4) How important is the visual/aesthetic side of your music and why?

We were definitely thinking in very geometric terms about our earliest songs as we wrote them, which our friend Talia helped to convey in the album art for Egg, our first release. But in hindsight, we’ve managed to sneakily acquire a visual grammar for the band over time based largely on the contributions of our friends, from our cover art (Talia Rozensher), to our t-shirt design (Preston Spurlock), to our photos (Michelle LoBianco). As visual artists we are early grade school level practitioners at best, so we are grateful and deeply admire the hard work of our friends and the way they’ve helped to represent the band in visual terms.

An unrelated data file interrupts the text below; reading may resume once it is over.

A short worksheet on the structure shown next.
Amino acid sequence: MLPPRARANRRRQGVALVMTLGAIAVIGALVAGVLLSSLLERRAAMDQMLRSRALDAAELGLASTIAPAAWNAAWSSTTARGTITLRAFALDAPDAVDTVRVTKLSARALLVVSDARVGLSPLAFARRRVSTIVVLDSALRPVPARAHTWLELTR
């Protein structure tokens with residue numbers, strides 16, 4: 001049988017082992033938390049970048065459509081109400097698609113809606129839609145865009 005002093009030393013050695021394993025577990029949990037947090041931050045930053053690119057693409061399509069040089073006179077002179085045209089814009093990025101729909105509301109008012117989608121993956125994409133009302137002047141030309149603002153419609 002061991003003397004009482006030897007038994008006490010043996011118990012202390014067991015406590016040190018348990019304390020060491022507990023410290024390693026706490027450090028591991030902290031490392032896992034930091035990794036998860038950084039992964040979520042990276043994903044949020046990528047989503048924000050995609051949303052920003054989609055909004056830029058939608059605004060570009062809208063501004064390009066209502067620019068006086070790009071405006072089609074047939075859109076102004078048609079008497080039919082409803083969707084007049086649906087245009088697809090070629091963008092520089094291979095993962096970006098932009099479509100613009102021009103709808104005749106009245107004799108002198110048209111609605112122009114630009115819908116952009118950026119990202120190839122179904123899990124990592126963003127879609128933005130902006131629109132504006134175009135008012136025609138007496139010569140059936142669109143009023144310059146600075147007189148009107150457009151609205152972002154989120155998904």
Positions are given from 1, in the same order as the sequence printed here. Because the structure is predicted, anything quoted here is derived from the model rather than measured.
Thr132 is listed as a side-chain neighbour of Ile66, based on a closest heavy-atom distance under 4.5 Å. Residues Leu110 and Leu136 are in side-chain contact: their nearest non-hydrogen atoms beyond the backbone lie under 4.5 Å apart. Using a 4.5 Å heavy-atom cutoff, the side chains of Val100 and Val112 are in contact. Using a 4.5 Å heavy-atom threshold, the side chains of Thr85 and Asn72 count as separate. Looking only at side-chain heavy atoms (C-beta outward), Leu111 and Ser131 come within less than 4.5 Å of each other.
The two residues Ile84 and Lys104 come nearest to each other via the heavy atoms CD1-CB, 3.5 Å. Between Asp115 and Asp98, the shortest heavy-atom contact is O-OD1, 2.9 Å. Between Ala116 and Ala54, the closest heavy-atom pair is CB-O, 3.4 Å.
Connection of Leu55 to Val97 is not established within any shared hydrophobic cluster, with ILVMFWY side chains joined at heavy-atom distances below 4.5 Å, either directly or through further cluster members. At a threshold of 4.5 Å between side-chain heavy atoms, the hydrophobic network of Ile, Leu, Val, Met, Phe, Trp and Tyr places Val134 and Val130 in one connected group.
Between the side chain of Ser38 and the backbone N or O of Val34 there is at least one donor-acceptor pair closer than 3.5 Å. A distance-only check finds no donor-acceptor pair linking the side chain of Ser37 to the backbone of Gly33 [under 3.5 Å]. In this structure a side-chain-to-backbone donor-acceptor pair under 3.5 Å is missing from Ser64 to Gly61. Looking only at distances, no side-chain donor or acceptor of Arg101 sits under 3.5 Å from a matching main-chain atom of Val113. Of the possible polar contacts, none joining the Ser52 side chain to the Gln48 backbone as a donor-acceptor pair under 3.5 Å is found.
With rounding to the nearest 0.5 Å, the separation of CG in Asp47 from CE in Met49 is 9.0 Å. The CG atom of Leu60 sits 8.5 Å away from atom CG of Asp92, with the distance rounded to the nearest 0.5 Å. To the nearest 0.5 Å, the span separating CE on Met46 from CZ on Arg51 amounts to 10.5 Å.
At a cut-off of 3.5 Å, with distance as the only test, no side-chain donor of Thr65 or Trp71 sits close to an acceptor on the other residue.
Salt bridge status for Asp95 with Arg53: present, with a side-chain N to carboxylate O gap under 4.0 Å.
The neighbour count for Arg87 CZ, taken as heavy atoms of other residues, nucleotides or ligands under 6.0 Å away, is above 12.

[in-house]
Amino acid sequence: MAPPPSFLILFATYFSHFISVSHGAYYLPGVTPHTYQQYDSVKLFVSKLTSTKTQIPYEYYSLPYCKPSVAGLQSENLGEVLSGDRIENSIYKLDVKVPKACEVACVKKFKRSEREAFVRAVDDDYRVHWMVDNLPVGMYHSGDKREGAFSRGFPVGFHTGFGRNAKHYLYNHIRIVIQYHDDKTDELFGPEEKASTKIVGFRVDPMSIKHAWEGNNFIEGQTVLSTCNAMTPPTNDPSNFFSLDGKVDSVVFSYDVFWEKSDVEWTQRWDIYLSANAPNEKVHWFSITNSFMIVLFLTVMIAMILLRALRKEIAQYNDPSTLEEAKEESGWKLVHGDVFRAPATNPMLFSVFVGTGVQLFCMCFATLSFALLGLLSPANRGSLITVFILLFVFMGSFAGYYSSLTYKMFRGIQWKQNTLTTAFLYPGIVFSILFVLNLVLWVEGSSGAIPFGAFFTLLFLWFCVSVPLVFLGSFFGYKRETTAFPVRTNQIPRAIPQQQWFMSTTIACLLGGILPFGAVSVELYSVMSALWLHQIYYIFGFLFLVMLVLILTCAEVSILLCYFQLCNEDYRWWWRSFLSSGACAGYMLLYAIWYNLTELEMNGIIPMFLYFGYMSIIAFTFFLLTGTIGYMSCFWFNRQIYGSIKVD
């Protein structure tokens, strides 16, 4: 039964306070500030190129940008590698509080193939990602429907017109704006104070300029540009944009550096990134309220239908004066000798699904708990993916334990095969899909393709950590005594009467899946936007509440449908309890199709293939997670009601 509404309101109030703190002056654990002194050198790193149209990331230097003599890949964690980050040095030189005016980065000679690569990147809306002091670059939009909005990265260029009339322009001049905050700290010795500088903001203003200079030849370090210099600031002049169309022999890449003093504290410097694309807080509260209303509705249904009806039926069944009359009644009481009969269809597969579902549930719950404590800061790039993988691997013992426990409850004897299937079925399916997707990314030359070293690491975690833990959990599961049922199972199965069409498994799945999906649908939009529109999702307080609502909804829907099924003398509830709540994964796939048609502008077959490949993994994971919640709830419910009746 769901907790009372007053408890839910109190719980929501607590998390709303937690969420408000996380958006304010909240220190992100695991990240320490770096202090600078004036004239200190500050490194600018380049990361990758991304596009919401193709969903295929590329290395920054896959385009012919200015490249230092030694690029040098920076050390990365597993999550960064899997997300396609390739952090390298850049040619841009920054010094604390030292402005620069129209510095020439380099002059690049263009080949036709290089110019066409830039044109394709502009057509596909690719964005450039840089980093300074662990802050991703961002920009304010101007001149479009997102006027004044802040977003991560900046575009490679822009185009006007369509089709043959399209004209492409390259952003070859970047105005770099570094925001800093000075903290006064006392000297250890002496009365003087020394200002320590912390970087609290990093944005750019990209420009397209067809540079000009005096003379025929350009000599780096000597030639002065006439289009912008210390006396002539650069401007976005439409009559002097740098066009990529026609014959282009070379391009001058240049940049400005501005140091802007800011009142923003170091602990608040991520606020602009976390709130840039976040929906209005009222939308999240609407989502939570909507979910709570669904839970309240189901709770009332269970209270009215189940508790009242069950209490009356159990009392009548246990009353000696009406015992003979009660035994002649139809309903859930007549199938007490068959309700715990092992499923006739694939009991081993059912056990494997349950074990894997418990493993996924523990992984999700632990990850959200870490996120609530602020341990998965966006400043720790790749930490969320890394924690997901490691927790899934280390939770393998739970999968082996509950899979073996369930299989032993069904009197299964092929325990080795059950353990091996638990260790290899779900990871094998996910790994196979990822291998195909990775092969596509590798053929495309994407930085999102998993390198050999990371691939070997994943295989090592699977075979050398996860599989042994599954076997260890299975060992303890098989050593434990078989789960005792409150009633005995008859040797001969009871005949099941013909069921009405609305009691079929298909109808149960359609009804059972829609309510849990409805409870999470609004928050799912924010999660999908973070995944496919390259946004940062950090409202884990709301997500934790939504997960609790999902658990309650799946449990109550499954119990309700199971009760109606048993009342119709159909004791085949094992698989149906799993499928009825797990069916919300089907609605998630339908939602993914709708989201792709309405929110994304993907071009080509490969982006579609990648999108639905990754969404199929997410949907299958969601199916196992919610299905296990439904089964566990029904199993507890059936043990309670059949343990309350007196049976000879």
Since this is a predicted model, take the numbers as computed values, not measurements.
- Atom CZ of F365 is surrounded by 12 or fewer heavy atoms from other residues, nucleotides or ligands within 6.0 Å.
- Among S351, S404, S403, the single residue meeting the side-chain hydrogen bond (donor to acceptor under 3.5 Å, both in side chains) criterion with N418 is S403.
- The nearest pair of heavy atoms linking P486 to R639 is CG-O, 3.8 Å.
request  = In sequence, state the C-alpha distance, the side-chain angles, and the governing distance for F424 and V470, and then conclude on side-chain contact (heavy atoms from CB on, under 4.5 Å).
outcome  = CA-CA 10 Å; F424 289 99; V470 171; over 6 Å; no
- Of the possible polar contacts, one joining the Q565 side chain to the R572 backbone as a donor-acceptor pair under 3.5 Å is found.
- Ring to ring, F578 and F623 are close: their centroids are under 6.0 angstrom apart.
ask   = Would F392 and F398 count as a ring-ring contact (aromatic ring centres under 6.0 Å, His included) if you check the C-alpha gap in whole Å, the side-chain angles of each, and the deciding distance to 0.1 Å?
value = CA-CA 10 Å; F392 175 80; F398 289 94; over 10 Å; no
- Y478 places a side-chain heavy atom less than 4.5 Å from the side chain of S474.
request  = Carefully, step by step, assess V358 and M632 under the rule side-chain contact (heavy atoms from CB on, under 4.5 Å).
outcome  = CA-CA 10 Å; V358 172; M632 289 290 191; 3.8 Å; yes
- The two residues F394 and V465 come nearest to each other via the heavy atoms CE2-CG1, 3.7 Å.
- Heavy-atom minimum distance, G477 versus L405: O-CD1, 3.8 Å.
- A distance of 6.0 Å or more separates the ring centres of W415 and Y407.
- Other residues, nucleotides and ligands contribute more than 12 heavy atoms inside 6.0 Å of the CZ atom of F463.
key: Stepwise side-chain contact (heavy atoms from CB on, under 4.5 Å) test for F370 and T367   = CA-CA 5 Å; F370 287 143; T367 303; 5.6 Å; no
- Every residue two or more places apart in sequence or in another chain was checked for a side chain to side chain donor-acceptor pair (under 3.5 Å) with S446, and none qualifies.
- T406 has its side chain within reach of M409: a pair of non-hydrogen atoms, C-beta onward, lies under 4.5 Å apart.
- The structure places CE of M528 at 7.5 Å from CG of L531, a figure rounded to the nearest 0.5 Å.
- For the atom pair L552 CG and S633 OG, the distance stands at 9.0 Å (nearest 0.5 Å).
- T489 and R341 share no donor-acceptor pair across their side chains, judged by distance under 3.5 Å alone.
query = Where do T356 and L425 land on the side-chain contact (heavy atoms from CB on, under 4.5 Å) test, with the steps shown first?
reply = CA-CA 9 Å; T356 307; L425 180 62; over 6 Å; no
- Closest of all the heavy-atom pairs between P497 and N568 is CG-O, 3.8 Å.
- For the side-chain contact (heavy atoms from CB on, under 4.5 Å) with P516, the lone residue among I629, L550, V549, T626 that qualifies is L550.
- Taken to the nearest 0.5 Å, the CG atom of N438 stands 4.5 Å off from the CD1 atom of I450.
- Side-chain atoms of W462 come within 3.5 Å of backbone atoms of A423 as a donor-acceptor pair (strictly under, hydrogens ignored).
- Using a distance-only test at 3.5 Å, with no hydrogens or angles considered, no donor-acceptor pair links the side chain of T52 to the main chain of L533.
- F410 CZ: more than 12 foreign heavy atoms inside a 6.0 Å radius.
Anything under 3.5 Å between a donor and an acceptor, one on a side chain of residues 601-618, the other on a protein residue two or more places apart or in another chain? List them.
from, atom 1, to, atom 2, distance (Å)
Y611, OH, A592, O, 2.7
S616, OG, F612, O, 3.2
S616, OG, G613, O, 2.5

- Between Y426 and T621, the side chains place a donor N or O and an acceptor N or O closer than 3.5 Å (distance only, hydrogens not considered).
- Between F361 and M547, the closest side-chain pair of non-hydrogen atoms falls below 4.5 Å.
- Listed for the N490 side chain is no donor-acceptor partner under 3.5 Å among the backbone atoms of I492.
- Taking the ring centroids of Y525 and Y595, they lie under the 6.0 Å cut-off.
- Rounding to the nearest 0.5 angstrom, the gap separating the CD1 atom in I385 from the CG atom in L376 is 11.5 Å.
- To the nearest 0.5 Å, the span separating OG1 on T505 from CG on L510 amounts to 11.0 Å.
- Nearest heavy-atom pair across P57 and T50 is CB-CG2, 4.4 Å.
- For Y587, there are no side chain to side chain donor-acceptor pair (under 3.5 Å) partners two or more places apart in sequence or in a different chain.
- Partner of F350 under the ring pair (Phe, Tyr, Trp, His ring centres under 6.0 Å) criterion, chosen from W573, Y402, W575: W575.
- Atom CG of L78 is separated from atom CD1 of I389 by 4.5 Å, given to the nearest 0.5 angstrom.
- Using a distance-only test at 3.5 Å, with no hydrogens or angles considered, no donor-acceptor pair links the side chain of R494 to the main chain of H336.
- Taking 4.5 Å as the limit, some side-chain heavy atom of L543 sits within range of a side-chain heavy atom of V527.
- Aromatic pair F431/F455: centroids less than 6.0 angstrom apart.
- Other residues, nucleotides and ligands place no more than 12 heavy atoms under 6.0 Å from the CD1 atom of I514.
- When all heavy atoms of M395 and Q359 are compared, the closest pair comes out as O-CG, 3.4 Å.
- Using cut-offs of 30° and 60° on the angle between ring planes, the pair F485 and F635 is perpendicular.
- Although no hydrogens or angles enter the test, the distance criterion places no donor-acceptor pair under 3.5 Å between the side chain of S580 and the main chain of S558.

5) What do you enjoy most and least about playing live?

Most – seeing and hearing and hanging out with other bands; least – staying up late!

6) What is the strangest thing that’s ever happened to you at a gig?

A strange but wonderful thing happened to us at a house show in New Brunswick, NJ, when the basement full of mostly college students danced with enthusiastic abandon to our music, which was brand new to nearly all of them and difficult to dance to for obvious reasons to anyone who has heard a song or two, for the duration of our set.

7) If you could change one thing about the music industry, what would it be and why?

More support, financial and otherwise, for small, independent and unsigned artists and bands, who are often the ones making the most interesting new music.  

8) If you could collaborate with any artist, past or present, who would it be and what would you work on together?